A week or so ago I sat down to plan some things out. I find that I don’t tend to be a planner unless I feel the need to have something concretely in front of me to refer back to. This was less of a planning than a brainstorming session, really. Brainstorming to develop the plan. The plan was how to fix myself. The brainstorming was to figure out how.
Caregivers rarely take the time to consider their own needs. They are constantly putting others’ needs before their own, in some cases to their own detriment. Sometimes it’s saintly, and sometimes it’s sick. After talking with a few people I found that I was teetering toward the sick end of the spectrum myself.
In CPE some form of self-care was part of your weekly report. You had to say at least something about what you did to take care of yourself and how it was working for you. When my CPE program ended, I maintained those practices for a while. I can’t remember when I quit. As in most cases it probably just trickled off, the time and effort expended toward something else. It went toward the next thing that I thought needed to be done, I know that. But those things were no longer directed toward myself, they were for others.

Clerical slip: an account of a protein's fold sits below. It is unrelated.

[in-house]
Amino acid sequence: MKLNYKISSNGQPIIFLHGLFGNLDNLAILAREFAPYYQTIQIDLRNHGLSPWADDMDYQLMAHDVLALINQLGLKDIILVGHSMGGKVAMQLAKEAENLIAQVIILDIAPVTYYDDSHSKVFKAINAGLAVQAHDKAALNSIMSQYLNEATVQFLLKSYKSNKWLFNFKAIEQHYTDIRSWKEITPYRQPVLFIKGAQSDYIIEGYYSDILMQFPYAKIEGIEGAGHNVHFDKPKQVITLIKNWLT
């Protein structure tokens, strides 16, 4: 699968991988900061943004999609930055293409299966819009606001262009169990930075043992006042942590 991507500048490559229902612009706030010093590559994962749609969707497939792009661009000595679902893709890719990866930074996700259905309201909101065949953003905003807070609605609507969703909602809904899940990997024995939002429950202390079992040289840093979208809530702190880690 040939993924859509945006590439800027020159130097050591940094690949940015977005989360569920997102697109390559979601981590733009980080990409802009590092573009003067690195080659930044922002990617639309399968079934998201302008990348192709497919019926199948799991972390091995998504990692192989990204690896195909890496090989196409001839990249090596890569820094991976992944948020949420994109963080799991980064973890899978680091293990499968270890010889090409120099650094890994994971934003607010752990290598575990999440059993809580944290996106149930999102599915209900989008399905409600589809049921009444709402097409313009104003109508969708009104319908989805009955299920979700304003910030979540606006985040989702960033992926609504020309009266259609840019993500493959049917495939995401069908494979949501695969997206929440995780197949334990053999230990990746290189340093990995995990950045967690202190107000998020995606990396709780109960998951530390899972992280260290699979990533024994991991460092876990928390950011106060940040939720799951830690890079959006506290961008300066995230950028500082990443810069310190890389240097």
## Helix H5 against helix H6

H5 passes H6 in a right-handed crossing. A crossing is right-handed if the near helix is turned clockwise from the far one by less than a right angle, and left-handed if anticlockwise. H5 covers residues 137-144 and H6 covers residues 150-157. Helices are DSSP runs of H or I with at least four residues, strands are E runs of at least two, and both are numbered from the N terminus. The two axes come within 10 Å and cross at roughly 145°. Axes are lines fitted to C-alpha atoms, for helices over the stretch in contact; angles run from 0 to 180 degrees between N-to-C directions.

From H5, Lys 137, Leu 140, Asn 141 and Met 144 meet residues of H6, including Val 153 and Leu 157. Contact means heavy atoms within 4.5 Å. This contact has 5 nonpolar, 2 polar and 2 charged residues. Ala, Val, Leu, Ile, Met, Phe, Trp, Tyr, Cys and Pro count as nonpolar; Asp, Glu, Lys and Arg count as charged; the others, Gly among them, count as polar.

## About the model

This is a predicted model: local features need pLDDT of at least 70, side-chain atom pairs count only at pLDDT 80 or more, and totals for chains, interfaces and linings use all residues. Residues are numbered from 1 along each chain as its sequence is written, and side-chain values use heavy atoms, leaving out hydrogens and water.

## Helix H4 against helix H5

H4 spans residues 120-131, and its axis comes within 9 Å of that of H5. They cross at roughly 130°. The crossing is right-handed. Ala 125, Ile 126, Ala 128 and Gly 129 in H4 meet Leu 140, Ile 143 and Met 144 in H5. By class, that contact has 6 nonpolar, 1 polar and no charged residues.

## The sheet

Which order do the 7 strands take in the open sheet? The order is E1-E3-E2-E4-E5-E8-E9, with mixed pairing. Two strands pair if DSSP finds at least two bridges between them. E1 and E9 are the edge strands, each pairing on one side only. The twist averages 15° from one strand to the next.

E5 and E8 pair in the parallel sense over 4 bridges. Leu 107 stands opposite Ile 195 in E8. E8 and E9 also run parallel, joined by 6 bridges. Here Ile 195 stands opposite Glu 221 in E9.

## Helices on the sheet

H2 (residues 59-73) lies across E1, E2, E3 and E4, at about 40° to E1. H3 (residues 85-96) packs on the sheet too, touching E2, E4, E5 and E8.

When I sat down to brainstorm I got a plain sheet of white paper and a clipboard and decided to write out the things that I liked to do in the past as well as today, and also the things that I thought that I should do for myself. The things I felt I should do came relatively easily: exercise, yoga, running, Tae Kwon Do (which my youngest son wants me to take so he can kick my butt). But when it came to the things that I liked to do I was stumped. I couldn’t even remember what I liked enough at first to write them down. I had to think back to college for some, and even put question marks by some, as if to say “do I like this still?”. It was a surprising exercise to see, as a caregiver, how far I had forgotten my own needs and desires, likes and dislikes.
I’m working on that. It was a reminder to me of how easy it is to slip into self-neglect because the needs of others seem so constant and help seems so distant.
The reasons caregivers don’t ask for help and bury themselves are many:
- I don’t want to bother others with my problems.
- I can handle it – I need to handle it.
- it’s my responsibility.
- God wants us to put the needs of others before our own.
- by giving of myself others will appreciate me.
- it makes me feel valuable, useful, and needed.
Christians seem to have the worst time with that fourth one. We are called to deny ourselves, to put ourselves last and others first, and to lean on Christ when times are hard. However I am thinking now that these calls to lose ourselves are perhaps not directed at the perpetual caregiver who has already given so much.
Those of us who identify ourselves as caregivers can give of ourselves too much, but we fail to see that. Rather we think we haven’t given enough, and can’t identify when we have given enough and need to stop and ask for help. That’s burnout waiting to happen, and it’s no wonder that it happens so often.